When the power goes out in South Africa’s platinum mines—as it frequently does—emergency-response plans are activated to evacuate miners ... from the depths. And for every dark day in the mines, people above ground also suffer: businesses shutter their doors, refrigerators stop humming, health clinics go dark, access to financing gets tighter—all as the country’s power system struggles with ageing coal-fired power stations and rapidly rising energy demand.
Nigeria is a case in point. Its immigrants are the most educated group in the US labour force. Yet Nigeria ranks dismally at 152 out of 157 countries in the World Bank’s Human Capital Index (HCI).
Launched in 2018, the index ranks countries’ gains in economic growth and human capital outcomes from investments in health and education. HCI is a composite measure based on survival rates, the quantity and quality of schooling and health status, all of which leads to a productive workforce. It conveys the productivity of the next generation of workers against a benchmark of complete education and full health.
Africa’s performance in HCI is dismal — no country from the continent is ranked in the top 50. Africa’s largest and second largest economies, Nigeria and South Africa, rank 152 and 126, respectively. The economic powerhouse of East Africa, Kenya is at 94, while in North Africa, Egypt stands at 104.
Nigerians in the US
While denouncing immigrants, the Trump administration is currently promoting a brain drain of doctors and nurses from countries with weaker healthcare systems. In reaction to the COVID-19 crisis, the administration began to encourage, in March 2020, medical professionals to move and work in the US.
African immigrants, especially from Nigeria, have already made a significant impact in the US labour market. Nigeria is the largest source of African immigration to the US, numbering about 376,000 from which significant numbers of professionals have emerged.
According to the US government census data, the Nigerian diaspora is overall the best educated, while its members are more than twice as likely to have secured an advanced degree. Nigerians are also more likely than the general American population to work in professional or managerial occupations.
The 2016 American Community Survey found that African immigrants led by Nigerians are professors at top universities; they are entering medical fields at increasing rates; they are becoming entrepreneurs and CEOs in private sector companies. With a median household income of $62,351, compared with $57,617 nationally, as of 2015, Nigerian professionals are a significant human capital factor in the US economy.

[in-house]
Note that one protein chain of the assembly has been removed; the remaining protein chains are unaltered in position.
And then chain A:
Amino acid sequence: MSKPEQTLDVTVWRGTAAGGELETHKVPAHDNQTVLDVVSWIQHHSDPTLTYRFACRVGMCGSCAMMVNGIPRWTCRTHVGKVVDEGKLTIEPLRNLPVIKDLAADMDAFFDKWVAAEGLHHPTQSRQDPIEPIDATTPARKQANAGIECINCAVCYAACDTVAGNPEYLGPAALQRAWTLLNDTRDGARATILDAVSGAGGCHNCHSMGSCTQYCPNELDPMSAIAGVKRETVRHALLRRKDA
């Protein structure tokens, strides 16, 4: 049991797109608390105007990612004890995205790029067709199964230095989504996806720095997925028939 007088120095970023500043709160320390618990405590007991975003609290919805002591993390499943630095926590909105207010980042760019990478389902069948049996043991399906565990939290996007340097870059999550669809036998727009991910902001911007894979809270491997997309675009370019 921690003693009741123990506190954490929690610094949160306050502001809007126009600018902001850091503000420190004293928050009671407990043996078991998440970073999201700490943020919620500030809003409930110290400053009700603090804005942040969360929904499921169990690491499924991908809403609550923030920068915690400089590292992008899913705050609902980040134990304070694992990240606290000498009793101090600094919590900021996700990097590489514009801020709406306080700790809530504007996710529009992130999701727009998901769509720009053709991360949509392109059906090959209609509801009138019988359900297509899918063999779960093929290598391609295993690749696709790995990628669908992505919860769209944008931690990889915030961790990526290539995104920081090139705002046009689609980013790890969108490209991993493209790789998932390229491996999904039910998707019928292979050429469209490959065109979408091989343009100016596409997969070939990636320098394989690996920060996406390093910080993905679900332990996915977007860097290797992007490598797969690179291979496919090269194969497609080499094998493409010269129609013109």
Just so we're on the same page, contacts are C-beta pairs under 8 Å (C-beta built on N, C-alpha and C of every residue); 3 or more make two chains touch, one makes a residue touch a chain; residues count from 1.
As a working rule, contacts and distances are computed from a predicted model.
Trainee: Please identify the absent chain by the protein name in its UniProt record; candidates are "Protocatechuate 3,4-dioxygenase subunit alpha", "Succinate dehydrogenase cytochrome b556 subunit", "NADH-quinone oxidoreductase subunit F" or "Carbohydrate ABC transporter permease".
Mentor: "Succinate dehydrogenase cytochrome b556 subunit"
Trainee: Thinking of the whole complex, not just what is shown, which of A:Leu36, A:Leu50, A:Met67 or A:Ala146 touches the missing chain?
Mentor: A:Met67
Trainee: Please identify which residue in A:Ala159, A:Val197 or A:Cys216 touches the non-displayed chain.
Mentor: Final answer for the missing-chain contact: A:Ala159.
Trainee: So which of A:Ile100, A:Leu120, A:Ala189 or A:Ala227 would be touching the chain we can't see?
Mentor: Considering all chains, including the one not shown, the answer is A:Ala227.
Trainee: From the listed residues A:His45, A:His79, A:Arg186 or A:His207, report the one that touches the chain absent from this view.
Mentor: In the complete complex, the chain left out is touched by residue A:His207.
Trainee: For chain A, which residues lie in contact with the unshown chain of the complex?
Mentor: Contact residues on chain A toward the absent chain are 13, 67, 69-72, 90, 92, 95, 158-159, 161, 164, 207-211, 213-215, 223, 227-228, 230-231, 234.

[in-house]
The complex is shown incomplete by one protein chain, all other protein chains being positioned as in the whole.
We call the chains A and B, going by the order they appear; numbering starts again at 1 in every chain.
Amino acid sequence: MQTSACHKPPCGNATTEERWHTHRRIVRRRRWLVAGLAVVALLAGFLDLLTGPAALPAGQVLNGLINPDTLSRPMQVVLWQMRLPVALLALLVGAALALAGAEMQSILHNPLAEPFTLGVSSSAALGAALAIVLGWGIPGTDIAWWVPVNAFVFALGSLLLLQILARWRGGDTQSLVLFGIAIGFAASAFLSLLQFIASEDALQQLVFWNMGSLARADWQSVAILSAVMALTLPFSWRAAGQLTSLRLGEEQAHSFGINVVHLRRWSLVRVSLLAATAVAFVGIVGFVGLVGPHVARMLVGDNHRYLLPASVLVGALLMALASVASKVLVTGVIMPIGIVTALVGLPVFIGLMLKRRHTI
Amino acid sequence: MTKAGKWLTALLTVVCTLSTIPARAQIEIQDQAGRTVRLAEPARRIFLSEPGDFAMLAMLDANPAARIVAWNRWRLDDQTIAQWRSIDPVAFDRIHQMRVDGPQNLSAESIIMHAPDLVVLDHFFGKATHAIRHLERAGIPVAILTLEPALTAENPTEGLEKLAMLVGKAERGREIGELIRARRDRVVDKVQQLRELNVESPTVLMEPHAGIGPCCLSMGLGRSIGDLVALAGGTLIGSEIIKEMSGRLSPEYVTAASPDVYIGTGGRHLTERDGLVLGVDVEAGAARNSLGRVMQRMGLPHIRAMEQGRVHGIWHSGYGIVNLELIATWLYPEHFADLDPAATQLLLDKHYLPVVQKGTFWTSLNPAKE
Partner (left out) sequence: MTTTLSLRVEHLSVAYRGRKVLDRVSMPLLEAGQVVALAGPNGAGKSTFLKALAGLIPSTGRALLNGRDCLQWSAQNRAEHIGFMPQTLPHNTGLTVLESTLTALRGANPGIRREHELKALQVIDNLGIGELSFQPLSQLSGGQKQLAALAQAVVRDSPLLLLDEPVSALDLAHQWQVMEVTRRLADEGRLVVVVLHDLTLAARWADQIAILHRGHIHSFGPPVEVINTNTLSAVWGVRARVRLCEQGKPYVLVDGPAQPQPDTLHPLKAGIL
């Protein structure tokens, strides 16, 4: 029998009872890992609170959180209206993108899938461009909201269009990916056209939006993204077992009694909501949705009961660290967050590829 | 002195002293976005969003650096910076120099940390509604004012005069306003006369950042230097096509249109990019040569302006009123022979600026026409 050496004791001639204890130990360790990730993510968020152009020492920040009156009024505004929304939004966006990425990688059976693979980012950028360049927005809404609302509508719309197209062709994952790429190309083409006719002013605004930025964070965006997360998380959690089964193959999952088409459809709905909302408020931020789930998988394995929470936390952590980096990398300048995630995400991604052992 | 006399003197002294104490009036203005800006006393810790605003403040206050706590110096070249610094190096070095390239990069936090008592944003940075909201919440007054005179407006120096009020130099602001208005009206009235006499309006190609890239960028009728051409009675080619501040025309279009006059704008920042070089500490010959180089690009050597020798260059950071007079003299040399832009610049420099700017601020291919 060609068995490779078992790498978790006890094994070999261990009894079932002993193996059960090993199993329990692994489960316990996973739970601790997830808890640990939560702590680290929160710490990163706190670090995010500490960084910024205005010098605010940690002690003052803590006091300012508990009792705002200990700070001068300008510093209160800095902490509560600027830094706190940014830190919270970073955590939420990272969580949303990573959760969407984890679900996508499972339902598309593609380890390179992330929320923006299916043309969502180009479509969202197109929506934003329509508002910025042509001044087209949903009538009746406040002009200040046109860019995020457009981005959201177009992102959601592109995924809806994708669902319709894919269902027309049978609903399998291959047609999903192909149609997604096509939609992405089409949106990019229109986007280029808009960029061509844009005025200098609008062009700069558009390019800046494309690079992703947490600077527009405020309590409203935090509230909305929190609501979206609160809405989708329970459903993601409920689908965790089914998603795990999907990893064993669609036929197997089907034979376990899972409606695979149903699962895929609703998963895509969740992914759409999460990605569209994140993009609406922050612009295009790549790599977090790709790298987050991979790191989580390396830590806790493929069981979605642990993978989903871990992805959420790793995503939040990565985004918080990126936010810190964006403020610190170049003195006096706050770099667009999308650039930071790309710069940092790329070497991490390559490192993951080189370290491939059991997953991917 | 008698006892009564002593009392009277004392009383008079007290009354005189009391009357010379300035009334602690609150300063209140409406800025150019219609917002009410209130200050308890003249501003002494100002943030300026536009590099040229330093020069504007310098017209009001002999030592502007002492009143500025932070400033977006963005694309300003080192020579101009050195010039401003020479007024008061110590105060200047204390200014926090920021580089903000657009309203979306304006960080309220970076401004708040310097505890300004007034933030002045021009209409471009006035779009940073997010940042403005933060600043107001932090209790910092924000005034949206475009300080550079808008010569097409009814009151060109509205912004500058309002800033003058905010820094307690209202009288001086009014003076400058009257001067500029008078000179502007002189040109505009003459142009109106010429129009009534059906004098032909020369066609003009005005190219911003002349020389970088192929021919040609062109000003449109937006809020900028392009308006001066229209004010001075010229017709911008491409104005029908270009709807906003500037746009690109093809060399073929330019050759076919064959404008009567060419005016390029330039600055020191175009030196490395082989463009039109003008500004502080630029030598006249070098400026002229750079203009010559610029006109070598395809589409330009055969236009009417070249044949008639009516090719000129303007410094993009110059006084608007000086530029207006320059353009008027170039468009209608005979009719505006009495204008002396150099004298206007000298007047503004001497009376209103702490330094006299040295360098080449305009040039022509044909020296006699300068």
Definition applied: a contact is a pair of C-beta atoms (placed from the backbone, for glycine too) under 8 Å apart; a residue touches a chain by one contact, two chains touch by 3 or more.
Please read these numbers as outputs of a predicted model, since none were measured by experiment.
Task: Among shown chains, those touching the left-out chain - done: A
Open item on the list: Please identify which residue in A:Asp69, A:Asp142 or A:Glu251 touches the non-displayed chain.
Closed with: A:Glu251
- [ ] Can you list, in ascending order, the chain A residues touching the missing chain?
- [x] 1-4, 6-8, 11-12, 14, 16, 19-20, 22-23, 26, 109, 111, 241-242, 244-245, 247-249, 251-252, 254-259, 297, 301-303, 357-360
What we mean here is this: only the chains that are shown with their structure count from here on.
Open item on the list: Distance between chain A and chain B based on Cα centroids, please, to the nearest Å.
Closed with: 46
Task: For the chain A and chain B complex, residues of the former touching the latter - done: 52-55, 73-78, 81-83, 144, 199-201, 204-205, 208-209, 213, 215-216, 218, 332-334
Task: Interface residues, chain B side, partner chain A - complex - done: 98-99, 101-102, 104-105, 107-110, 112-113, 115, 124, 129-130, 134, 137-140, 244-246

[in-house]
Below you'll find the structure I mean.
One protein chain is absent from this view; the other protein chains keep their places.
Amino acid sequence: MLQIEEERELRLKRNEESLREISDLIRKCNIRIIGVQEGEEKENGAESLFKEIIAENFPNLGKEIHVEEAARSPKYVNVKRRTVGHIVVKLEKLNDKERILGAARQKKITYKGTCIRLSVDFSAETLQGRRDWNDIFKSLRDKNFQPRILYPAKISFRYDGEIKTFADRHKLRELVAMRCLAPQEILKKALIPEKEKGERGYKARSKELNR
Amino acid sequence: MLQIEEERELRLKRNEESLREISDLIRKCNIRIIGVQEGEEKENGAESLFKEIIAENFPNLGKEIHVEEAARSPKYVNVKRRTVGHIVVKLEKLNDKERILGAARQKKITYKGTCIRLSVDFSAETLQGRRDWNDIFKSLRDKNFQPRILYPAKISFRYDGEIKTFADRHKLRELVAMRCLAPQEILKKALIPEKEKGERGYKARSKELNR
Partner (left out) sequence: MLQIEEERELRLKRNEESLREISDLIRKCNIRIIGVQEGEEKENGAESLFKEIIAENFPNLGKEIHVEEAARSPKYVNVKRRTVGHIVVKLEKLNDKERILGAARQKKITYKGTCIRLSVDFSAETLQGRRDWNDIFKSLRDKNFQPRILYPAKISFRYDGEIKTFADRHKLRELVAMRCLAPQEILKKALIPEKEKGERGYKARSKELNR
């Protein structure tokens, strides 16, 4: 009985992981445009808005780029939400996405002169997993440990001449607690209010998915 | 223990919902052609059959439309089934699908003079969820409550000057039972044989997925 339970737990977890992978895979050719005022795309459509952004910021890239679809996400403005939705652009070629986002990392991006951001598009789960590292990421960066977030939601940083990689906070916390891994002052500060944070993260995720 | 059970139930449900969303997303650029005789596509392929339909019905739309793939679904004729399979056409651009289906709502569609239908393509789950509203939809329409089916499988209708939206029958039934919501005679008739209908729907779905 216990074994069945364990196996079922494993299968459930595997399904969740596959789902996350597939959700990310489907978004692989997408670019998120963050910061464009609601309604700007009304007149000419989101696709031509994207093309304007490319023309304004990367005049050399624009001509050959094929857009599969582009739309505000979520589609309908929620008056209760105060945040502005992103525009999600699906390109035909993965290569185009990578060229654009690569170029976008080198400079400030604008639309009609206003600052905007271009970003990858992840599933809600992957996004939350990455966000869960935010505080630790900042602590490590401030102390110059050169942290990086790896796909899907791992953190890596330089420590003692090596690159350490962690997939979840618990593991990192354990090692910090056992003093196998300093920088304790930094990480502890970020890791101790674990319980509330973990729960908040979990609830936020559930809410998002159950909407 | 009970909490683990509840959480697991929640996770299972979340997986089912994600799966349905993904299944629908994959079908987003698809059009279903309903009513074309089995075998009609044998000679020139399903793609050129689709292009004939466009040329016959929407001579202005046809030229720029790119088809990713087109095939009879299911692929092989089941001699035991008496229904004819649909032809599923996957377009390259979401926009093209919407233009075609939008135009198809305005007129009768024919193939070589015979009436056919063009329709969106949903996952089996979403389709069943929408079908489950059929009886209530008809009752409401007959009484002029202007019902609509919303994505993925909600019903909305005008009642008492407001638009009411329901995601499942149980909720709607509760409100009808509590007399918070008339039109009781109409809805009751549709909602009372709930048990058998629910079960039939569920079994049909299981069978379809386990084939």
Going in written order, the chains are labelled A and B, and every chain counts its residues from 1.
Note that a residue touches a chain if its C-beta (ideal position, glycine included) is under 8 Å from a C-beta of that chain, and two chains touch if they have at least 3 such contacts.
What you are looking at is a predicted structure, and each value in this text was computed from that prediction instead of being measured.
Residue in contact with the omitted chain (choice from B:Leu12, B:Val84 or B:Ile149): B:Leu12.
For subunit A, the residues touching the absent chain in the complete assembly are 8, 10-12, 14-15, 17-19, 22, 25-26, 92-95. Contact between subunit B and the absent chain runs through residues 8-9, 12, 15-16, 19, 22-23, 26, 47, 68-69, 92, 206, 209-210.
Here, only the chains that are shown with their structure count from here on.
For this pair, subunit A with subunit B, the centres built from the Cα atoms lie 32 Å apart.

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The factors that push African professionals to the developed north are well known. But they are rarely acted on. The push factors include poor governance which hinders meritocratic career-advancement, political unpredictability and instability, and poor prospects for education, including for the children of the professional class.
Doctors, engineers, scientists, professors and managers would rather settle abroad. In the case of Nigeria, seeking a better life—especially for children’s education—has overtaken other reasons for seeking job opportunities in the developed north.
Decades of neglect destroyed the quality of educators at primary, secondary and tertiary levels. The country’s learning infrastructure and educational system are a shambles. Poor investment in publicly-funded education led to the rise of expensive private schools and universities that are largely unaffordable except for the super-rich.
Fixing the education sector in Nigeria would be the building block for arresting the country’s devastating human capital loss. Attracting back the exported human capital would next on the agenda.
Paying the Price
While Nigerian healthcare professionals are excelling overseas, lack of these professionals are costing Nigeria dearly.
Nigeria’s healthcare is in crisis — the densities of doctors, nurses, and midwives are too low to effectively deliver essential health services currently at 1.95 per 1,000. Nigerians with financial means seek medical care outside the country. It is estimated that Nigeria loses more than $1 billion annually to medical tourism because the domestic healthcare system is in shambles. Tens of thousands of Nigerians travel abroad in search of treatment.
The super-rich, including Nigerian President Muhammadu Buhari — with access to the best health care in Nigeria — travel to Europe for medical care. Buhari has made no less than five trips to Britain for medical care, staying in London for months. The majority of Nigerians seeking medical care go to India, as do other African middle-class nationals. India aims to make its medical tourism a $9bn industry, and is targeting Africa as a source of medical tourists.
African leaders collectively issue regularly strategies and action plans to address the fact that Africa has the worst health indicators in the world. The African Union’s Africa Health Strategy (AHS) 2007-2015 was replaced by Africa Health Strategy 2016-2030. Much of this is rhetorical and remains on the drawing board.
Africa must stop sabotaging its own development by giving away its human capital. Our continent is impoverished because it squanders the most important form of wealth and creator of prosperity — its people.
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